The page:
It’s easy to spin up a WordPress site and start posting, but there’s often a sticking point, especially for new WordPress users. And that’s when it comes to assigning categories and tags to WordPress posts. In tis article we’ll be answering the question what’s the difference between WordPress Categories and Tags? We’re also going to tell you how to use them effectively for site architecture, navigation, and SEO.
To start with, lets define what WordPress Categories and Tags are.
What are WordPress Categories?
WordPress categories are a broad, hierarchical way to organize site posts. They are the broad topics that are going to organize the content you post. Think of it as a directory for your content, if you had a navigation bar for your content, what topic would help group your content so people can quickly get to the kind of content that’s right for them.
Generally you should have a post or product in only one category, but sometimes it makes sense to be in two or three. Again, think of it navigationally. If people clicked in to a category and saw all the content, would it fit there?
What are WordPress Tags?
WordPress tags are descriptive attributes of a post, think of them as filters to help people find what they need within your categories. You can have multiple tags for a post, and you should use them to help with the classification of what a post contains Tags can live both beneath categories, but also group content in a way that transcends categories. Tags are a great way to add context to what the content contains, or what the product is.
The Difference between WordPress Categories and Tags
The big difference is categories are navigational and hierarchical, tags are descriptive. What this means for you is going to be unique. What should be a tag or category is going to be unique to your website based on your content and your website. You have to use both of these taxonomies in a way that makes sense for you.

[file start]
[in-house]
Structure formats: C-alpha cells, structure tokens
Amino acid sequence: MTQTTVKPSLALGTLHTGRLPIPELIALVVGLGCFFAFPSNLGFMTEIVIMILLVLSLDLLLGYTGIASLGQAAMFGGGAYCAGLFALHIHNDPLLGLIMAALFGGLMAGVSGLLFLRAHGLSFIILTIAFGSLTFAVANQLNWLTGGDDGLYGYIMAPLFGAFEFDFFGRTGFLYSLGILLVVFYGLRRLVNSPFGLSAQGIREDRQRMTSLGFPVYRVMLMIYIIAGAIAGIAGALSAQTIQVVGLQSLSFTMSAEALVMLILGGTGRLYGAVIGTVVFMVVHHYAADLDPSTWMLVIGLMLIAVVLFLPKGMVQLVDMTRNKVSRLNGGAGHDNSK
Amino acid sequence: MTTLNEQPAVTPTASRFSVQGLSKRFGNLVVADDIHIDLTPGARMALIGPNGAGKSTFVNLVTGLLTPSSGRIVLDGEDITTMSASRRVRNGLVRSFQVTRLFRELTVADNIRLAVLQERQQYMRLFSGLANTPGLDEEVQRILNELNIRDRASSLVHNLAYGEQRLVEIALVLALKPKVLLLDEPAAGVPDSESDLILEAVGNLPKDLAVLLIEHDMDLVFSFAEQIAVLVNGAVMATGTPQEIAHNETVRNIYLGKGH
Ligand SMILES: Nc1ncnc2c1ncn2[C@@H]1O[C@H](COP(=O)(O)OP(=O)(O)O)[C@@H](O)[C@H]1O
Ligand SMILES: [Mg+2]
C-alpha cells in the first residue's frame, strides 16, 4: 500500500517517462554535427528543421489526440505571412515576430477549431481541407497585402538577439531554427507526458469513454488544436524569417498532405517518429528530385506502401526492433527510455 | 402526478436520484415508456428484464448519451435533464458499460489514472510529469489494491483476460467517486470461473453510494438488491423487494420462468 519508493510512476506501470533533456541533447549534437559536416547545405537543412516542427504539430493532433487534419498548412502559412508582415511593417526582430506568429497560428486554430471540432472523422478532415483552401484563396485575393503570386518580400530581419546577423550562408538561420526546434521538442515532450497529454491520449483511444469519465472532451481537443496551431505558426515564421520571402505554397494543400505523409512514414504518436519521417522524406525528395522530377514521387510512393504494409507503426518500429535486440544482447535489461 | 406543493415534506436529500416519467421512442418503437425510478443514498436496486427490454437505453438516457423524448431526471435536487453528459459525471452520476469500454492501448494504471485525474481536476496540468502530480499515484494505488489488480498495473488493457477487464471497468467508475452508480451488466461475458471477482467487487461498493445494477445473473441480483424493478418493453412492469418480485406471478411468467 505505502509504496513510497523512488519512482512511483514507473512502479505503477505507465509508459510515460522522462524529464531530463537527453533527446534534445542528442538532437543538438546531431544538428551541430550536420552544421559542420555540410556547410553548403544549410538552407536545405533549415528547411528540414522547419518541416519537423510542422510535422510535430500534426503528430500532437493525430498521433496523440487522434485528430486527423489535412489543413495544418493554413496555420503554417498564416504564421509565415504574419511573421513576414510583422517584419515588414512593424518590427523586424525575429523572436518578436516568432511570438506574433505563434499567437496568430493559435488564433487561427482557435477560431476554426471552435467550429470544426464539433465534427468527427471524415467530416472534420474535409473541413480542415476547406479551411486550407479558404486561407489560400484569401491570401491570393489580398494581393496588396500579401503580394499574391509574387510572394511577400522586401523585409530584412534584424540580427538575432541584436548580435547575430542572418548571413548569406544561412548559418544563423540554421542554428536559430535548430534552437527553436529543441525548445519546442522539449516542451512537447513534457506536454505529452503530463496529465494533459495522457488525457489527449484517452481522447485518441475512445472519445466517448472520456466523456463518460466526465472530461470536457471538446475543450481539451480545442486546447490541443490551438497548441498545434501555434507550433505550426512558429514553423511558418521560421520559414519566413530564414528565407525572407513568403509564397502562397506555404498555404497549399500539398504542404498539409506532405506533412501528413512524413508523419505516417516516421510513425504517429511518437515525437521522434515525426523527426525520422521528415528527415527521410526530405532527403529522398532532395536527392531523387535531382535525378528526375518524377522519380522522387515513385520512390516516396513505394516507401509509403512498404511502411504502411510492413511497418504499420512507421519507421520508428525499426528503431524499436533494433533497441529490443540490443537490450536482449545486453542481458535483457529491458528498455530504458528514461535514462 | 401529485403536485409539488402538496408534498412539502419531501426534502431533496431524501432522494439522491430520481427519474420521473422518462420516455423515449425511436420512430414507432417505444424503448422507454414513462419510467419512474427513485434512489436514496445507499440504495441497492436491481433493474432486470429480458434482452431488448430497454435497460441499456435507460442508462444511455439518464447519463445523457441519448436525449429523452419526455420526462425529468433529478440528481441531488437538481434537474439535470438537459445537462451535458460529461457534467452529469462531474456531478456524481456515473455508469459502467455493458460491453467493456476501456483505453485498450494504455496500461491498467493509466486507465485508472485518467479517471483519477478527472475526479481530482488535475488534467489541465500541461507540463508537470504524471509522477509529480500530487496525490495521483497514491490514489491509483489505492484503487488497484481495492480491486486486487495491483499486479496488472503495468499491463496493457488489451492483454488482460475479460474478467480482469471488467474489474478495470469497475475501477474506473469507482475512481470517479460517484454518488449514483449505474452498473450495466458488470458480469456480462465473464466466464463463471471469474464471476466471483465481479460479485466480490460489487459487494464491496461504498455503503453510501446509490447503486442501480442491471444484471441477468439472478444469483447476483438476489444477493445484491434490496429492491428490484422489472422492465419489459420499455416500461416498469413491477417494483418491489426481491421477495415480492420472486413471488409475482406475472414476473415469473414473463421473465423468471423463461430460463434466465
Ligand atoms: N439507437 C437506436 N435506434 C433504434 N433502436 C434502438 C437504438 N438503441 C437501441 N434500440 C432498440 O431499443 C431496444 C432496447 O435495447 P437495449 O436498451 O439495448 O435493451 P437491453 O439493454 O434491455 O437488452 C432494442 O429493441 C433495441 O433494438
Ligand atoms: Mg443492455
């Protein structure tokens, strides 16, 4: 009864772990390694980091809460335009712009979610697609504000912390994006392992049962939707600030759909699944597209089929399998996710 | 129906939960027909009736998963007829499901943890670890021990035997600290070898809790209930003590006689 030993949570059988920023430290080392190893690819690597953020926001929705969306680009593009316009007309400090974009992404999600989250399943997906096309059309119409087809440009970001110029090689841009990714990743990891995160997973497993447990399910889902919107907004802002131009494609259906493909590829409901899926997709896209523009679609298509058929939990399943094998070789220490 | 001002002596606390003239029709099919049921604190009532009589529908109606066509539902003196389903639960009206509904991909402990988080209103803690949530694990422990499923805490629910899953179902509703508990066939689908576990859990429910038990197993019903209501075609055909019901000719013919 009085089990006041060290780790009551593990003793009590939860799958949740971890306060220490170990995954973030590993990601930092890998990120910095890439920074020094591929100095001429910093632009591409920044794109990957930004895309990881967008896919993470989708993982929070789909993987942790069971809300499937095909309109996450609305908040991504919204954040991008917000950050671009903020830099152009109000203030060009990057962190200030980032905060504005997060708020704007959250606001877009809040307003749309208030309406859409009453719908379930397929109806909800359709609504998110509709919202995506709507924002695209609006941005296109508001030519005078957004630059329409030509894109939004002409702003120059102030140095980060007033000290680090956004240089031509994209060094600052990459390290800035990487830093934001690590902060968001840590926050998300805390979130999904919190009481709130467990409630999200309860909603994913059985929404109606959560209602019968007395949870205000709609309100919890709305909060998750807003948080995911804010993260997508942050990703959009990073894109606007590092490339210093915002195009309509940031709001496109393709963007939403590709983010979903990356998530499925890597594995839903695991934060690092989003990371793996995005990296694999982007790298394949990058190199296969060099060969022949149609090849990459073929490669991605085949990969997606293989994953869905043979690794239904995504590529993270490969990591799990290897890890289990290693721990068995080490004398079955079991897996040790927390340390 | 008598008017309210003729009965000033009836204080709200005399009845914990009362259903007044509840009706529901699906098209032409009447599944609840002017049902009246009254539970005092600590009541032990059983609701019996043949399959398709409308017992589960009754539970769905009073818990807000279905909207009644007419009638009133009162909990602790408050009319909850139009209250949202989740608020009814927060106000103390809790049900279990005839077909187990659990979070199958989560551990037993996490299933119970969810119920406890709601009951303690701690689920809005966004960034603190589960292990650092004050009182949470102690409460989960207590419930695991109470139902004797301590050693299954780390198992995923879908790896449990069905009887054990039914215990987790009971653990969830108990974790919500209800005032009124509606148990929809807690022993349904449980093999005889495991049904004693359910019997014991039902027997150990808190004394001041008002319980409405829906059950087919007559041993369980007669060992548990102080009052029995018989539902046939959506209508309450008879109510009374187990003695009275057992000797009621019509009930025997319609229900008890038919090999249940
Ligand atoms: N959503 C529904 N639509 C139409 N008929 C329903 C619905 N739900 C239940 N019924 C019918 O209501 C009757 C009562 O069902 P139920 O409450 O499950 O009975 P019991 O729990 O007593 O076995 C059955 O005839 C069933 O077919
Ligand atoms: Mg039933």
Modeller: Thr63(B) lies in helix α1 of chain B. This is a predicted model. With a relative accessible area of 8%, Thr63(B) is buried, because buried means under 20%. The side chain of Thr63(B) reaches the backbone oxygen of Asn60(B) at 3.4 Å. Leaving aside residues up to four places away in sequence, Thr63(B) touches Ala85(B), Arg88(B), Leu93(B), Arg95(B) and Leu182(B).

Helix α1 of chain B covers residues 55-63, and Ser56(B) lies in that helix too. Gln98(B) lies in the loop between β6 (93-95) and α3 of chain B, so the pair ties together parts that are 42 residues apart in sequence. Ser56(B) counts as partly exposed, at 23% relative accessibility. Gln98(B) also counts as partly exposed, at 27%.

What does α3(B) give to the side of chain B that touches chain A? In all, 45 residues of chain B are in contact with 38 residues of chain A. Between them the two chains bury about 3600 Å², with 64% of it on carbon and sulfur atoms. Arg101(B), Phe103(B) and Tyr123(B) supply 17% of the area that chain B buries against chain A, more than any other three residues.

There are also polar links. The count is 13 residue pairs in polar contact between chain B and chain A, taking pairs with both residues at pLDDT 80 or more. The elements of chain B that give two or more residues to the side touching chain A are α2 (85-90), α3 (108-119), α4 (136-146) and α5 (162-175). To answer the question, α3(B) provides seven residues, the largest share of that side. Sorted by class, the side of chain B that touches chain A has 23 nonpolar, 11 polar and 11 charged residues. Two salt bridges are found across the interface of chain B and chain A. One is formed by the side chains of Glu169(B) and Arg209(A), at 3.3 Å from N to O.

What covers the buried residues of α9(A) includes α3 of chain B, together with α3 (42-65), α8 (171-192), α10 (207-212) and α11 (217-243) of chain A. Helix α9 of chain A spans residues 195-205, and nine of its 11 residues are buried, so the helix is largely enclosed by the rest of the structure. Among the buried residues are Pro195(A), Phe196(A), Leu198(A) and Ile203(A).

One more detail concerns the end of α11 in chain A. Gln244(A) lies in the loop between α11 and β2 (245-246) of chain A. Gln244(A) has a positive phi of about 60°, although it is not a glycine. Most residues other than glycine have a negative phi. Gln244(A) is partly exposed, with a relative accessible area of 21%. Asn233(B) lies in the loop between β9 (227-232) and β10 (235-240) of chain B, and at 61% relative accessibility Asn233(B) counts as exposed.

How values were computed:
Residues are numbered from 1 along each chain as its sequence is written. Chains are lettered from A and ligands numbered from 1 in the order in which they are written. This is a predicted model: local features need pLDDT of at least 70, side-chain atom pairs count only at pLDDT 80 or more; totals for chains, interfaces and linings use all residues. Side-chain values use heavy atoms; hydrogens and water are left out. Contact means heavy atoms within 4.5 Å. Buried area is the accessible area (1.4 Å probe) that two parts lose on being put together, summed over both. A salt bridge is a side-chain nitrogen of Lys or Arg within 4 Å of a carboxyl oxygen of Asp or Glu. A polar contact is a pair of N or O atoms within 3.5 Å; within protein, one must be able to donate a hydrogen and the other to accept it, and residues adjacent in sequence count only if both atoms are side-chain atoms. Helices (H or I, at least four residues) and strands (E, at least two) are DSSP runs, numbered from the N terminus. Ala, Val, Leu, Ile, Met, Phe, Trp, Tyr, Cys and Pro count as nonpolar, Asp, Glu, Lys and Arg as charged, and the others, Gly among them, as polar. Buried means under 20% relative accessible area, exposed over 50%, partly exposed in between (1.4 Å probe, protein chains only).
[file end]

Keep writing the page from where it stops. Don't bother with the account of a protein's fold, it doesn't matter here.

You should have a clear picture in your mind as to how people are going to use and navigate you website to use them effectively. Just remember the definitions above. Categories should align with how you want people to navigate your site. Tags are how people can filter down through that content.
How to Use WordPress Categories and Tags
Amazon might not be a WordPress site, but they are the perfect example of how to use categories and tags. For example, say you’re looking for a new TV. At a category level, you can drill in to TV, and then OLED TV, and it will give you a wide selection of what you’re looking for. But then you can select the check boxes to narrow this search down, it could be manufacturer, price range, or TV size.
I mentioned this in the section above, but the first thing you need to do when you are setting up your tags and categories is to make sure you have a clear delineation and process in your mind to define what consists of a tag, and what consists of a category.
For example, I ran an international recipe website, and we had to decide how to structure our categories and tags. Some of the things we had in mind were country of origin, course, type of meal, spiciness. we dialed it back to what do people really need the most, so we chose course (breakfast, main course, side, dessert, etc) as the main categories. the tags included the country of origin, spiciness, meal type (I.e. pasta, burger, etc).
Categories are something you should set up before you start writing any content, or posting any products (you can always update or add to these later). On this site I set up the categories before I wrote a single post, because I could define the majority of the main categories of content I would be writing about that.
You can set up tags ahead of time, but you’re likely going to be adding a ton more tags over time as you broaden the scope of the content you’re writing about within your categories.